When Everything On The Internet Is Encrypted…
from the things-may-change-a-bit dept
For years, we’ve been pointing out that as the entertainment industry, telcos and the government increase efforts to spy on the activities of users (for various reasons, good or bad), all it’s going to do is speed the adoption of encryption technologies. Well, that appears to be happening. Thanks to governments increasing the ability to spy on citizens combined with ISPs capitulating to entertainment industry and government demands to start acting as copyright cops, monitoring usage, more and more people are getting interested in encrypting their internet activity. While it’s unclear if it will go anywhere (and some argue it’s guaranteed to fail), the folks behind the Pirate Bay are the latest to jump into the game, promising a system that will “encrypt the entire internet.”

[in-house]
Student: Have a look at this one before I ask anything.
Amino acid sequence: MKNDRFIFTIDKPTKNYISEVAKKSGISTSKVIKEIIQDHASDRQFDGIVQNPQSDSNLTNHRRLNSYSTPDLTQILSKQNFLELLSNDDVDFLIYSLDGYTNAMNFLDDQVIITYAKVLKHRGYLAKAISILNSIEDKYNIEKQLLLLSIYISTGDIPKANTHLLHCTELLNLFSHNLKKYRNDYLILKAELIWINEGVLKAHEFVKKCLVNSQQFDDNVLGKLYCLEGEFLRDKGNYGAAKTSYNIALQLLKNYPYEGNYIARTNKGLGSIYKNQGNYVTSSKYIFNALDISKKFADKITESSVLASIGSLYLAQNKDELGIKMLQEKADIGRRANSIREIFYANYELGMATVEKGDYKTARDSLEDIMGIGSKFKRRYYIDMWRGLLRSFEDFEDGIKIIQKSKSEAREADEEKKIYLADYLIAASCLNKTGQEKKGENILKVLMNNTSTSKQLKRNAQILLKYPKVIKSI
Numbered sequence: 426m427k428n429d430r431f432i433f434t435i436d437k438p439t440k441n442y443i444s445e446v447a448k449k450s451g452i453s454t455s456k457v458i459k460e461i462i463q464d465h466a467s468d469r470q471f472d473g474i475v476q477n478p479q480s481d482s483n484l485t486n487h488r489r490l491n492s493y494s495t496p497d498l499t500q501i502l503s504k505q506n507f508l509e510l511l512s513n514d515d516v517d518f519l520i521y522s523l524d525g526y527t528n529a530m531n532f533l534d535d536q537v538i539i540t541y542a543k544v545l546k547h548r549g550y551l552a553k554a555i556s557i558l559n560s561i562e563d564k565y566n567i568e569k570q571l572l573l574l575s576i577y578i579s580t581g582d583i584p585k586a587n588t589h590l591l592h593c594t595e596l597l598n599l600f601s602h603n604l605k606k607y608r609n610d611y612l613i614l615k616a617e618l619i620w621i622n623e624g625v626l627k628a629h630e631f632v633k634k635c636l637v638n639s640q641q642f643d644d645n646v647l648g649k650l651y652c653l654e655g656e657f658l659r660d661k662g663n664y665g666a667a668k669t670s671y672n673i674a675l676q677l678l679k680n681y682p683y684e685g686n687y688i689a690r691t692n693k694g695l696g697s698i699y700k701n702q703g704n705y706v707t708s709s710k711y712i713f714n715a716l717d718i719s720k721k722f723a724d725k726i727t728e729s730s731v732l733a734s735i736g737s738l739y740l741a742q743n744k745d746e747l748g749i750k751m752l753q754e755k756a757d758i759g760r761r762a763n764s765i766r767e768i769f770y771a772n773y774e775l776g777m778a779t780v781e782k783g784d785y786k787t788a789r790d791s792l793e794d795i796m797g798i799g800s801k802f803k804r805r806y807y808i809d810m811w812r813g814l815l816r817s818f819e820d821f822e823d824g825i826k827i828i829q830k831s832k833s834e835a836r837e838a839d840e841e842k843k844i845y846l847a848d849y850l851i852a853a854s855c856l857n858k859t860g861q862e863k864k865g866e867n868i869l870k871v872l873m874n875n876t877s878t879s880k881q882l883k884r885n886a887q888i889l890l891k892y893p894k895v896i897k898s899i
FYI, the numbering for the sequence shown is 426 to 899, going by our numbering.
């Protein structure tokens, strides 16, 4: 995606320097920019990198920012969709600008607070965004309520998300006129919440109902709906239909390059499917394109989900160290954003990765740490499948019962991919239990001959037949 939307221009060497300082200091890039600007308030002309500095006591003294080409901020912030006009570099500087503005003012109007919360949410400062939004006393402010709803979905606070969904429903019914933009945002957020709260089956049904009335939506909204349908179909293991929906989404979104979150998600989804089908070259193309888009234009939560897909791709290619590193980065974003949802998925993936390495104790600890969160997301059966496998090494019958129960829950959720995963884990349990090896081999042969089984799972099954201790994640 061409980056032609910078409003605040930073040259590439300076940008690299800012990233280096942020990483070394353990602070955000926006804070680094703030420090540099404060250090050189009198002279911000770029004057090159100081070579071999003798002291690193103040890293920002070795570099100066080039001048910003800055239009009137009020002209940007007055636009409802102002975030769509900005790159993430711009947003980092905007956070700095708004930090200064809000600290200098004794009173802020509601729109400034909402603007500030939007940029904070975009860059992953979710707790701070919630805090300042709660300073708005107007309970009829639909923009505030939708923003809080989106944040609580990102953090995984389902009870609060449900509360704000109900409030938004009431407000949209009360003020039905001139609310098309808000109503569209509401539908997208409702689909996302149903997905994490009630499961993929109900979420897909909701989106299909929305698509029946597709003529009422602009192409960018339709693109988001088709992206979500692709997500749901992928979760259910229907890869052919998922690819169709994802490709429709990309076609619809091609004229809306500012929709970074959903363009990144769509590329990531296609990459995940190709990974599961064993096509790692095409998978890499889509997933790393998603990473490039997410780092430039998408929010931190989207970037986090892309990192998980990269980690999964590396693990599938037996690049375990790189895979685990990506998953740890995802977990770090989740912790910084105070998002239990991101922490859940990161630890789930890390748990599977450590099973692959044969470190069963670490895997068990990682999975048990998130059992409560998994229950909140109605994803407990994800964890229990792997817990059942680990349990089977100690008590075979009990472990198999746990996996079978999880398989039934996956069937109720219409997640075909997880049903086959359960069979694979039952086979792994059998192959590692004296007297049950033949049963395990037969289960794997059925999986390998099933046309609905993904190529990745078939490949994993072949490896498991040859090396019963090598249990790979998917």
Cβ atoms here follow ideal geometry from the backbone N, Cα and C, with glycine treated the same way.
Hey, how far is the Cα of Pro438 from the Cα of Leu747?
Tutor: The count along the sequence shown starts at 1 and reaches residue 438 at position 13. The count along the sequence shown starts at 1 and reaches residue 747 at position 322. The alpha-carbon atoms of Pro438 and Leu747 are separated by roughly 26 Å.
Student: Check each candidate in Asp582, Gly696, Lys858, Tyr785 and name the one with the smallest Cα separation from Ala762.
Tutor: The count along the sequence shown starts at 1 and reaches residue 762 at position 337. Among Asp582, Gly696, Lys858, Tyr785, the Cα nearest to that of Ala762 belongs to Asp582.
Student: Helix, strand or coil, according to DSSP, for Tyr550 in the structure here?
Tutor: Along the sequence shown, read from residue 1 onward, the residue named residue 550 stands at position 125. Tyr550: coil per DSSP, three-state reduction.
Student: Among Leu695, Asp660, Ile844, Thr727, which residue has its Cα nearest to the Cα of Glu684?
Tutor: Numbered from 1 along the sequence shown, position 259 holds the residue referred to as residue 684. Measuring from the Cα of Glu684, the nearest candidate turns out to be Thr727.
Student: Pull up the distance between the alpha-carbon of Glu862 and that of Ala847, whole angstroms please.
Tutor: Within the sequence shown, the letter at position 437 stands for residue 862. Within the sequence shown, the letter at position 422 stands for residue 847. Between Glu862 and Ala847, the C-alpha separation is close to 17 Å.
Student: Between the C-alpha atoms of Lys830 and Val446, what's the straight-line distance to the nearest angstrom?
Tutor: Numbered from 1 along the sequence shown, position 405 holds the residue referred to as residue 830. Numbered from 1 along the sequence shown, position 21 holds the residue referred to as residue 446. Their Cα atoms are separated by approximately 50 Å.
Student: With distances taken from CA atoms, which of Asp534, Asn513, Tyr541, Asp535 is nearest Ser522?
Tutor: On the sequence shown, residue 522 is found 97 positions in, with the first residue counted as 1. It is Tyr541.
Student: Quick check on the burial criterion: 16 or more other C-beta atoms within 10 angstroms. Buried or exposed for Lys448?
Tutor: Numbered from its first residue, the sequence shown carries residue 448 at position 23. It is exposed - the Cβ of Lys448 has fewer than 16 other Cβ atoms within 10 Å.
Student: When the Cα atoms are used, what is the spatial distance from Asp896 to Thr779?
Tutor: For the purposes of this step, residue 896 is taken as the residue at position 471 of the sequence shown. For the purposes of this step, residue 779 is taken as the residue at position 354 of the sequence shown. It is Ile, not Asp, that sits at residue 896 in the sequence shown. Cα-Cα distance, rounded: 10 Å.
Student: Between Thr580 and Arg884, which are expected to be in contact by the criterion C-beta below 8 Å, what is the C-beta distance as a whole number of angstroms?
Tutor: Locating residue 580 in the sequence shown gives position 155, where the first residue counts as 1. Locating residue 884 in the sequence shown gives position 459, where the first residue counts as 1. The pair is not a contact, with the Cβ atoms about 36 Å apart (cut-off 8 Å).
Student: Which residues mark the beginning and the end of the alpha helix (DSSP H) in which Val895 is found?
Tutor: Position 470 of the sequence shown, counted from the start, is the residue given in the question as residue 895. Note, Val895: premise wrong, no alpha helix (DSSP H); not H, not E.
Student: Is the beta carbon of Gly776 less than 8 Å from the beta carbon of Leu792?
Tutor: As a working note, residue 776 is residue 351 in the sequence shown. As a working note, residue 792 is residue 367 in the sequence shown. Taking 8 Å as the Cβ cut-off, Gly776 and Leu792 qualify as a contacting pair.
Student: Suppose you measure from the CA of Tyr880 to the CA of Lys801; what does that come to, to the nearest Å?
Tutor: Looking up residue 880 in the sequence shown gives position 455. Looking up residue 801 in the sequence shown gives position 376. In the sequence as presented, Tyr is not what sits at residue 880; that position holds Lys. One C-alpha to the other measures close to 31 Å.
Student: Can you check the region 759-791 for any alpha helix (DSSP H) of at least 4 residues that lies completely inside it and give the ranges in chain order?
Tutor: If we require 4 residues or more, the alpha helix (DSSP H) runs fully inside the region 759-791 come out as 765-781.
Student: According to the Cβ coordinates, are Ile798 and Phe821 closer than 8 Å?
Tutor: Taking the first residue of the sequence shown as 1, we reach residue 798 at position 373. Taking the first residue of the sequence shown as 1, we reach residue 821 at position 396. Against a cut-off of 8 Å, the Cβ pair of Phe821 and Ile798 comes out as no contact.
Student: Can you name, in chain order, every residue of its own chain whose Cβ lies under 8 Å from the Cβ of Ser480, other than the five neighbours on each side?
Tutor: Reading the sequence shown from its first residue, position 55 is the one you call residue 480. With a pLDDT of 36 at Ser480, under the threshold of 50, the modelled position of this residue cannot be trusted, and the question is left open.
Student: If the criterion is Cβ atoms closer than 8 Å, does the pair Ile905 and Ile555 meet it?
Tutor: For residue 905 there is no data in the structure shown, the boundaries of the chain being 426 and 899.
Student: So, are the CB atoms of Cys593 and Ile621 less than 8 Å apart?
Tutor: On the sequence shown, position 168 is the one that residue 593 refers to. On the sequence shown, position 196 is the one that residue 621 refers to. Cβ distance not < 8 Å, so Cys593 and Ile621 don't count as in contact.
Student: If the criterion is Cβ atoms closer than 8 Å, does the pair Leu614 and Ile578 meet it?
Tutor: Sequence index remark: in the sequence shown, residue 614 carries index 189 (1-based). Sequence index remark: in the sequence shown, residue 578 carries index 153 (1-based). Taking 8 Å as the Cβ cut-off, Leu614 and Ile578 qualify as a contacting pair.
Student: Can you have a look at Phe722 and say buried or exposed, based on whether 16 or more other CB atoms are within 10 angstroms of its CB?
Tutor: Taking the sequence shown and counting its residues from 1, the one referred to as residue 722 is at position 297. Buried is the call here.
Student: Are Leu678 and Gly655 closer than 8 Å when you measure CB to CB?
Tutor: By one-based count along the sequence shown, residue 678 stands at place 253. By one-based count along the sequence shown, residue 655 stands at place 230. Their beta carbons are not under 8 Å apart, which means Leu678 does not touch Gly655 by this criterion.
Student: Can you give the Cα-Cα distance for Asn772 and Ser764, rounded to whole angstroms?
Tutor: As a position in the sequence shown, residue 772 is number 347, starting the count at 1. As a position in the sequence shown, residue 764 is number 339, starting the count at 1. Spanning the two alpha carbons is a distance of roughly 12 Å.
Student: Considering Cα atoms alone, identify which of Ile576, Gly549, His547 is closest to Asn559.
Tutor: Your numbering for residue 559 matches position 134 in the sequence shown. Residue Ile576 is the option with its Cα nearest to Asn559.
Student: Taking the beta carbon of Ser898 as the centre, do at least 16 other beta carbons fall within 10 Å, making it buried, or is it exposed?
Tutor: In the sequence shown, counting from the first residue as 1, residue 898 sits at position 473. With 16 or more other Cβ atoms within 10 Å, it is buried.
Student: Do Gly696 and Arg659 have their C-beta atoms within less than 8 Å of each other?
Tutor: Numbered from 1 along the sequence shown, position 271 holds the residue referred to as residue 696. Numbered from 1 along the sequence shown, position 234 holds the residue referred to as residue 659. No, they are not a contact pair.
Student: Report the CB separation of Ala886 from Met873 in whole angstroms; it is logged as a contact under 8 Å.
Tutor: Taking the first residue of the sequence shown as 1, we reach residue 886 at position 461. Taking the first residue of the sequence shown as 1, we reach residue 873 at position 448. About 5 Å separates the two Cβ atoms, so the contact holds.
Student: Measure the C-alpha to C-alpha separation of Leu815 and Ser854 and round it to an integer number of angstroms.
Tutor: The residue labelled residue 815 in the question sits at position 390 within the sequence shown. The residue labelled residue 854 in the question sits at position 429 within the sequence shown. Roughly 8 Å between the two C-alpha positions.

Whether accomplished by The Pirate Bay or others, this is the near inevitable end result of this cat and mouse game. Even if you believe the entertainment industry, broadband providers and the government have both the best of intentions and the absolute right to do these kinds of monitoring activity, the fact that encryption will make it so those who don’t want to monitored can hide means that it’s only going to become more popular. And, at that point, it only makes the efforts by the entertainment industry, the broadband providers and the government that much more useless — because all that monitoring they’ve pushed to do will not only be nearly impossible, but they’ve also lost the trust and respect of all those users/customers/constituents. It’s a true lesson in the unintended consequences of getting what you wished for.